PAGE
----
Paid military officers and civil officials were excluded from election. The plan was apparently accepted by the Commons, and a bill based on it was again and again discussed, but there was a suspicion that no serious purpose of its own dissolution was entertained by the House. The popular discontent found a mouthpiece in John Lilburne, a brave, hot-headed soldier, and the excitement of the army appeared suddenly in a formidable mutiny in May. "You must cut these people in pieces," Cromwell broke out in the Council of State, "or they will cut you in pieces; " and a forced march of fifty miles to Burford enabled him to burst on the mutinous regiments at midnight, and to stamp out the revolt. But resolute as he was against disorder, Cromwell went honestly with the army in its demand of a new Parliament; he believed, and in his harangue to the mutineers he pledged himself to the assertion, that the House proposed to dissolve itself. Within the House, however, a vigorous knot of politicians was resolved to prolong its existence; in a witty paraphrase of the story of Moses, Henry Martyn was soon to picture the Commonwealth as a new-born and delicate babe, and hint that " no one is so proper to bring it up as the mother who has brought it into the world." As yet, however, their intentions were kept secret, and in spite of the delays thrown in the way of the bill for a new Representative body Cromwell entertained no serious suspicion of the Parliament's design, when he was summoned to Ireland by a series of royalist successes which left only Dublin in the hands of the Parliamentary forces.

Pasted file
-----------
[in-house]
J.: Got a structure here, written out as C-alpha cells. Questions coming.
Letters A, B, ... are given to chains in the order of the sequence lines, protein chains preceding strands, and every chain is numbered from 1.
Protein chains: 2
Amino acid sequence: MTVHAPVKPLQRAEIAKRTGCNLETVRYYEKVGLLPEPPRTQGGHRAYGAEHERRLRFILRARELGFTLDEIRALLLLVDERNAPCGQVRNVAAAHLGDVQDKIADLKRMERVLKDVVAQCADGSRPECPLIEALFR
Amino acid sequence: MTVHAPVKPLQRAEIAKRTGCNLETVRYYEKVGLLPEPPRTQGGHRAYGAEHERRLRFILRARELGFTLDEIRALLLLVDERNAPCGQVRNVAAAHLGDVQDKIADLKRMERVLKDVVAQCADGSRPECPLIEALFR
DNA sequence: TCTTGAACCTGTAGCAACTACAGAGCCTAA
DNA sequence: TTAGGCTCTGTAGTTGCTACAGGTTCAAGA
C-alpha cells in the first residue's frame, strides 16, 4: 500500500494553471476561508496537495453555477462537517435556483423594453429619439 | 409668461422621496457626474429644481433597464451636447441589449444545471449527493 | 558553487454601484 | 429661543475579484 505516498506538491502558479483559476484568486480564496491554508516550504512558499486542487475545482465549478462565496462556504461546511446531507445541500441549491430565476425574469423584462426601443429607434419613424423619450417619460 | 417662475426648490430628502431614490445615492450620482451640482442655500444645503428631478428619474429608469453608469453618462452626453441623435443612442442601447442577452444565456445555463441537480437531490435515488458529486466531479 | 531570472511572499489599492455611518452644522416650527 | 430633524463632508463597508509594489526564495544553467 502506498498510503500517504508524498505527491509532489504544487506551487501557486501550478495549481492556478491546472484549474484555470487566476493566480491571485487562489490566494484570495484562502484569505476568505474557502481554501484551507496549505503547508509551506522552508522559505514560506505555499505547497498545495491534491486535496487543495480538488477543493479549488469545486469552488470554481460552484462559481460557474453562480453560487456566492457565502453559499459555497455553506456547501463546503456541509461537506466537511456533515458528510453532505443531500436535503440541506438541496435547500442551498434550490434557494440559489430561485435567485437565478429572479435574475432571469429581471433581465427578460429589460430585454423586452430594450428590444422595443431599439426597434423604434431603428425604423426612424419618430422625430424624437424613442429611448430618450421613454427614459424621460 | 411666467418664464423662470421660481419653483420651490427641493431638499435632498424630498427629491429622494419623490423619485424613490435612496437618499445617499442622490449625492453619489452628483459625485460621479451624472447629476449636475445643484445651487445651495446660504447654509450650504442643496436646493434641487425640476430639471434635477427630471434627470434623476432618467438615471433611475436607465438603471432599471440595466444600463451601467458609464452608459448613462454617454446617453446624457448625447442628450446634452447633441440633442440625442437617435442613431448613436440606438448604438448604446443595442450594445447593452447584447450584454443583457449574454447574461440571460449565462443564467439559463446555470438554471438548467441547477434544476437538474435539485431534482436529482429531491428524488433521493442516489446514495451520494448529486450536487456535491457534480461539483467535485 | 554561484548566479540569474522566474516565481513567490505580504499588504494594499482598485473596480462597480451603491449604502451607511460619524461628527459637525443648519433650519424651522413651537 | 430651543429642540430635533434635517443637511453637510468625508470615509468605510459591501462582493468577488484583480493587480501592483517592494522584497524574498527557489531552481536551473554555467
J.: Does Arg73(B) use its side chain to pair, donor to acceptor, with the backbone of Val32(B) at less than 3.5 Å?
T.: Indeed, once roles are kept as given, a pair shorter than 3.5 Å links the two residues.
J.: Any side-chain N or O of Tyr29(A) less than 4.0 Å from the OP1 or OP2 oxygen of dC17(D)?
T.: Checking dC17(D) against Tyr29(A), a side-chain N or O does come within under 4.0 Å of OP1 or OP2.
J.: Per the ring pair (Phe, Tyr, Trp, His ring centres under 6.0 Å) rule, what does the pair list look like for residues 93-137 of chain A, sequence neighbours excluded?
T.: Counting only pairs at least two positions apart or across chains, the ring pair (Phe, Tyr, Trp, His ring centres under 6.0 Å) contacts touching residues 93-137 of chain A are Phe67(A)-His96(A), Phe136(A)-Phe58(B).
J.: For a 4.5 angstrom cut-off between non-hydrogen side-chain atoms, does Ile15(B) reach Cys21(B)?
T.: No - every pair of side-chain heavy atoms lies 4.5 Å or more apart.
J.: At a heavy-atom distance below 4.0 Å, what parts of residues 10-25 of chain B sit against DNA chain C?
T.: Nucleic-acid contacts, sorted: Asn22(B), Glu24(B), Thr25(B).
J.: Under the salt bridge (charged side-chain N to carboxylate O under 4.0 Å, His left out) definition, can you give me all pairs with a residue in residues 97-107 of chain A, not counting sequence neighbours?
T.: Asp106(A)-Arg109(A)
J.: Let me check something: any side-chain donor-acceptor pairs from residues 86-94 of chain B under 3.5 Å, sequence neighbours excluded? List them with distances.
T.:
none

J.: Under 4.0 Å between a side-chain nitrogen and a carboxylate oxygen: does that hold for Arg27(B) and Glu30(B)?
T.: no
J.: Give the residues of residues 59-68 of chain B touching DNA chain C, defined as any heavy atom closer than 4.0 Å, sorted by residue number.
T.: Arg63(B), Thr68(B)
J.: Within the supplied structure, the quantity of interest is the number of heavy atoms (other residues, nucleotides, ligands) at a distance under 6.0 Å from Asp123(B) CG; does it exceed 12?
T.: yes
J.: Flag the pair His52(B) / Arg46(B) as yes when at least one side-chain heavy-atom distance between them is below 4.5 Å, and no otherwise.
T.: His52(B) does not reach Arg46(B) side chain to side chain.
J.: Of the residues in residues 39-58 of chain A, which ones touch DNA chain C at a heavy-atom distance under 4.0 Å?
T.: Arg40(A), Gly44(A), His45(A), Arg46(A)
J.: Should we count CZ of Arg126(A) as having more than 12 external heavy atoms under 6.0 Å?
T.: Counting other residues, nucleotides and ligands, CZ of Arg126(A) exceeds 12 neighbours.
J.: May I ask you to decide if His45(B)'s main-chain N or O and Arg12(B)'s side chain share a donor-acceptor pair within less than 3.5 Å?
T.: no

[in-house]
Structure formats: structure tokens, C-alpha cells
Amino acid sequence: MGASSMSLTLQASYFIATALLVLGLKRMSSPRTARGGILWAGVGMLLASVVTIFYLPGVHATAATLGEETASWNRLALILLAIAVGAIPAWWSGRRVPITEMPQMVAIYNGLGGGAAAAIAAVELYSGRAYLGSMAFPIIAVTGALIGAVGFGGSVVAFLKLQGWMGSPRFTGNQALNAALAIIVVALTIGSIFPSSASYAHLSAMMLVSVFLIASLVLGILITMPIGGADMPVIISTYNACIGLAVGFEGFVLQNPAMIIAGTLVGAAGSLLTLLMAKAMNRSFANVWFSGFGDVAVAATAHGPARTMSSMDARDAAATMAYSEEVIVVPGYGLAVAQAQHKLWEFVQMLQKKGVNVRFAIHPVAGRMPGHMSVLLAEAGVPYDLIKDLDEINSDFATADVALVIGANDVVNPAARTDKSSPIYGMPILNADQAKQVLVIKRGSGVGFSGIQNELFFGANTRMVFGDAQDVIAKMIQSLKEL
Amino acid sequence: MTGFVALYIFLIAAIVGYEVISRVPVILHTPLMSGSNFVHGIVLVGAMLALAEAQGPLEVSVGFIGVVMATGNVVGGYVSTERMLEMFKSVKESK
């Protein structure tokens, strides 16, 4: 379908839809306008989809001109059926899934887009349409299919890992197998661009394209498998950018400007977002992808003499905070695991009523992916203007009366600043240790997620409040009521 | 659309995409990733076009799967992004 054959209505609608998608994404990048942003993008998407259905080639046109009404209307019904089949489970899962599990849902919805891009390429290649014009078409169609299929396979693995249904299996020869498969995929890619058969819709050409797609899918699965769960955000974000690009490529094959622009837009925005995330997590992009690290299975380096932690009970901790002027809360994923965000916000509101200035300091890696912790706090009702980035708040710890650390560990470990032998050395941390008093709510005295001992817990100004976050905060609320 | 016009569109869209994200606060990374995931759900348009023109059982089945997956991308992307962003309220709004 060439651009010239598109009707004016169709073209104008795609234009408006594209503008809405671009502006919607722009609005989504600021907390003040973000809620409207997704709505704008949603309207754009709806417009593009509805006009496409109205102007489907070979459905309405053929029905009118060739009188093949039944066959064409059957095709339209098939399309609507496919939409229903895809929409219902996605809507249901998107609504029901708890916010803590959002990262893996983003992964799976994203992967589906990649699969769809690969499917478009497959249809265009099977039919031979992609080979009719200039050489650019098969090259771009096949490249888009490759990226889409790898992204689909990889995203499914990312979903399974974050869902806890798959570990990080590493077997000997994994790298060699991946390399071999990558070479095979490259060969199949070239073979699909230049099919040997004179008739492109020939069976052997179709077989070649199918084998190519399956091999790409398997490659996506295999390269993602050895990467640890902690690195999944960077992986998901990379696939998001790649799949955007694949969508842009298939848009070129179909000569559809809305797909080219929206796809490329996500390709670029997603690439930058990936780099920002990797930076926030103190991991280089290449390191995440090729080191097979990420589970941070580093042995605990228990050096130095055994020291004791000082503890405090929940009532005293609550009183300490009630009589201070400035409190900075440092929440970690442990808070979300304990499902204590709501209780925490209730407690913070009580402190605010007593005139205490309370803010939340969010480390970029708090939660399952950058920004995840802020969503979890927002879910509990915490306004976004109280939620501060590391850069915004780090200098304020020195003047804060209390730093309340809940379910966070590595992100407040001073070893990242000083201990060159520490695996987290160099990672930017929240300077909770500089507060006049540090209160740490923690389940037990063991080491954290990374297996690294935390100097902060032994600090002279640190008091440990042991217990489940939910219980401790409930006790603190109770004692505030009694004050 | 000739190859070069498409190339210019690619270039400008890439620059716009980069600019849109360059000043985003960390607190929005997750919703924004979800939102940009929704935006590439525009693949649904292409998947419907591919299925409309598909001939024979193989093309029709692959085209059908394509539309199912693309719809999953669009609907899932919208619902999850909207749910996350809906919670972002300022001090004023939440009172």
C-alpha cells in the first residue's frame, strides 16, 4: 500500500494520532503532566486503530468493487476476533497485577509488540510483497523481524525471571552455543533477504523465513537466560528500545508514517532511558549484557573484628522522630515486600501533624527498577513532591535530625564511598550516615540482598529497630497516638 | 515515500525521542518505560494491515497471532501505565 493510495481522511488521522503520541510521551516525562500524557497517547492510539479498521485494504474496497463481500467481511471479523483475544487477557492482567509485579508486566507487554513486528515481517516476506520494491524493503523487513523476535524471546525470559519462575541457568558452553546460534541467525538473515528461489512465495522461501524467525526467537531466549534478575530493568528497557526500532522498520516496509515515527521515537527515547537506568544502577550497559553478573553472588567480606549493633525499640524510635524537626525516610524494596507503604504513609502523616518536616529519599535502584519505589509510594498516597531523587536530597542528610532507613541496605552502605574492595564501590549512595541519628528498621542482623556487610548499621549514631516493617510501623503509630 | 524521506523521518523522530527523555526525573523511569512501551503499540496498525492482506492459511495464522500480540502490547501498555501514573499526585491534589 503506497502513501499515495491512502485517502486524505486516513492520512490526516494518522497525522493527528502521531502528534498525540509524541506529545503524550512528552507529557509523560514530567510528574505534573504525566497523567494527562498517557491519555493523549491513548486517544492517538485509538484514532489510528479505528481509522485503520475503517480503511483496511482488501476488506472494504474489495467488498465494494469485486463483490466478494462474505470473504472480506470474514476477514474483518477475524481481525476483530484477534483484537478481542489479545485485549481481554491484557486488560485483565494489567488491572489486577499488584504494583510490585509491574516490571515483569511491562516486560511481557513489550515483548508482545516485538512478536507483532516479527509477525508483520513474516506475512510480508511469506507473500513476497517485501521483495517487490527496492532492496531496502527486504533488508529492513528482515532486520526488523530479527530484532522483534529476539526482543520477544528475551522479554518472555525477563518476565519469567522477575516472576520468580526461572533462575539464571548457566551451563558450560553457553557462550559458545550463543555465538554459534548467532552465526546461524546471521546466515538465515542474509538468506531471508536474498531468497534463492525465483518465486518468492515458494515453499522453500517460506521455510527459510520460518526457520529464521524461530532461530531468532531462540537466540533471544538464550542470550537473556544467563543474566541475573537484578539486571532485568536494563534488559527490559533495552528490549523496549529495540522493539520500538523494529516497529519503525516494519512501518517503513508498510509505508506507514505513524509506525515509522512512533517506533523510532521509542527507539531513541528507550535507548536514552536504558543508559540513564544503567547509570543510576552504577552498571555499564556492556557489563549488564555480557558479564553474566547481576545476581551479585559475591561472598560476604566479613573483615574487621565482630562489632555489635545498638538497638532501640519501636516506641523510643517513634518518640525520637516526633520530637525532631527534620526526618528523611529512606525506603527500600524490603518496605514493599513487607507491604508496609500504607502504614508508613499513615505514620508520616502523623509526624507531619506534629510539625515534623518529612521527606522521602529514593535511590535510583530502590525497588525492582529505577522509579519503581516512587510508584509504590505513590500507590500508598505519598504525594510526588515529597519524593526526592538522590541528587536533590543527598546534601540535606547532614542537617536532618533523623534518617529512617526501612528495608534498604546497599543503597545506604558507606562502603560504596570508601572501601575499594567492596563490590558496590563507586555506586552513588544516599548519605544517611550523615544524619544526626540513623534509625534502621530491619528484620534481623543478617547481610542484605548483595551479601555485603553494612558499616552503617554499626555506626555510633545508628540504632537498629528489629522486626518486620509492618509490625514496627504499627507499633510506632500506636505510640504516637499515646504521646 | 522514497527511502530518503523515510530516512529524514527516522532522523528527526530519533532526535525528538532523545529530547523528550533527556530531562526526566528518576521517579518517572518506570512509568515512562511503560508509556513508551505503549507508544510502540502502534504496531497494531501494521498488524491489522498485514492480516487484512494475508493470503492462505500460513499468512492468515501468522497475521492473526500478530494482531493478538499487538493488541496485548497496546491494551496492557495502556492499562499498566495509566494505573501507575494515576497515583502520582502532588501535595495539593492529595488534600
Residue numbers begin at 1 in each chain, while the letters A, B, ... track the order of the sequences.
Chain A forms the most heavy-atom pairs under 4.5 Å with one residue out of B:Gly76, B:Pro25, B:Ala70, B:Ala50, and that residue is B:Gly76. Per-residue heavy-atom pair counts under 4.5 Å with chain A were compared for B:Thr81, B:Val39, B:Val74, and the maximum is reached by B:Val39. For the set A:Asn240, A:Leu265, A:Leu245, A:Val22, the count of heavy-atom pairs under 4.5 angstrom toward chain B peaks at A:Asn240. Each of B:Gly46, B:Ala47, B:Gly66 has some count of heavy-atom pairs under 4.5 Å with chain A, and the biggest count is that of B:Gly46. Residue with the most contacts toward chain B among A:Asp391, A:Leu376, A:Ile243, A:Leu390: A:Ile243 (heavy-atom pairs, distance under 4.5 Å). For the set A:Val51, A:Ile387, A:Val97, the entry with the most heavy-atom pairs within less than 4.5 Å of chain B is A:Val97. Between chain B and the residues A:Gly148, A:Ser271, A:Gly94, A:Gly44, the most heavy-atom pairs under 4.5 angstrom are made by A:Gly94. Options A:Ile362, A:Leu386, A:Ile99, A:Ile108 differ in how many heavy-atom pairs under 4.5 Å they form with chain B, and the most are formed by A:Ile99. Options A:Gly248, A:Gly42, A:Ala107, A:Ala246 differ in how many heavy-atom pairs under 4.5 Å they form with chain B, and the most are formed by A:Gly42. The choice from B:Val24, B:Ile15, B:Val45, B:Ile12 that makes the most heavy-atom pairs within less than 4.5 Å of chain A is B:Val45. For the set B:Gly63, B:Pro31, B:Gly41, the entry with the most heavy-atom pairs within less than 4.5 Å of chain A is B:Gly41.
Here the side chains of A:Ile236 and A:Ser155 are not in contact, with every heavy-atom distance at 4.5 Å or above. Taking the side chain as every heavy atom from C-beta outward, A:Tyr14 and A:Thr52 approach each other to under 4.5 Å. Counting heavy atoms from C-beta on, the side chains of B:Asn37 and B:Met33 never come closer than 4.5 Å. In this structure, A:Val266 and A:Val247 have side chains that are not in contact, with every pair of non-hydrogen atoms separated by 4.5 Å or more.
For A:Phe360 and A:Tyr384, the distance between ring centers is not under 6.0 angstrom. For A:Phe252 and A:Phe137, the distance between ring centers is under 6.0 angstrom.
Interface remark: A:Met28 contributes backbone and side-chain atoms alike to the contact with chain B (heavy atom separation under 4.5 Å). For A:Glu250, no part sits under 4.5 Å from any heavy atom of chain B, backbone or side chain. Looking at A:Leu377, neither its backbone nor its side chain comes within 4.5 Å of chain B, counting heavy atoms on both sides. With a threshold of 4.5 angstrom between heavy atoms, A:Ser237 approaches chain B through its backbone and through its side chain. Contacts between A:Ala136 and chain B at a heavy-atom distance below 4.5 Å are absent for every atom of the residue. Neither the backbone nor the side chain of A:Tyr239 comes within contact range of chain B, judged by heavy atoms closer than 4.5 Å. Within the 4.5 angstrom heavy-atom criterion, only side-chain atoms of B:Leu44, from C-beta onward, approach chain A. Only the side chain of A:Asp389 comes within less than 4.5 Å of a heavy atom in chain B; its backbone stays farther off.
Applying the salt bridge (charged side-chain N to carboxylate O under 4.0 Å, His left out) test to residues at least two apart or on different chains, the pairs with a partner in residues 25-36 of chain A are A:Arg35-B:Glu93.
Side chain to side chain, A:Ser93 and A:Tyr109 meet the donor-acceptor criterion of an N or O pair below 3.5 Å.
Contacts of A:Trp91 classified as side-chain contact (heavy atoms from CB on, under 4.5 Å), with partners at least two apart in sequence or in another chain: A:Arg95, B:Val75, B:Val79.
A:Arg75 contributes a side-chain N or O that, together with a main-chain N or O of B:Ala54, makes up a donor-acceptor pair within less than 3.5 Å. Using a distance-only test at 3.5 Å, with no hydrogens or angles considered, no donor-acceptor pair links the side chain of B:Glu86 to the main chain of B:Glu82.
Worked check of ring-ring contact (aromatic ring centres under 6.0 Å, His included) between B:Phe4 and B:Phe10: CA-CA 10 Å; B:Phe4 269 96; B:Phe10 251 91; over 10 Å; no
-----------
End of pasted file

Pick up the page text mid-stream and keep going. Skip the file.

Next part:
With Scotland threatening war, and a naval struggle impending with Holland, it was necessary that the work of the army in Ireland should be done quickly. The temper, too, of Cromwell and his soldiers was one of vengeance, for the horror of the Irish massacre remained living in every English breast, and the revolt was looked upon as a continuance of the massacre. "We are come," he said on his landing, " to ask an account of the innocent blood that hath been shed, and to endeavour to bring to an account all who by appearing in arms shall justify the same." A. sortie from Dublin had already broken up Ormond's siege of the capital; and feeling himself powerless to keep the field before the new army, the Marquis had thrown his best troops, three thousand Englishmen under Sir Arthur Aston, as a garrison into Drogheda. The storm of Drogheda by Cromwell was the first of a series of awful massacres. The garrison fought bravely, and repulsed the first attack; but a second drove Aston and his force back to the Mill-Mount. "Our men getting up to them," ran Cromwell's terrible despatch, "were ordered by me to put them all to the sword.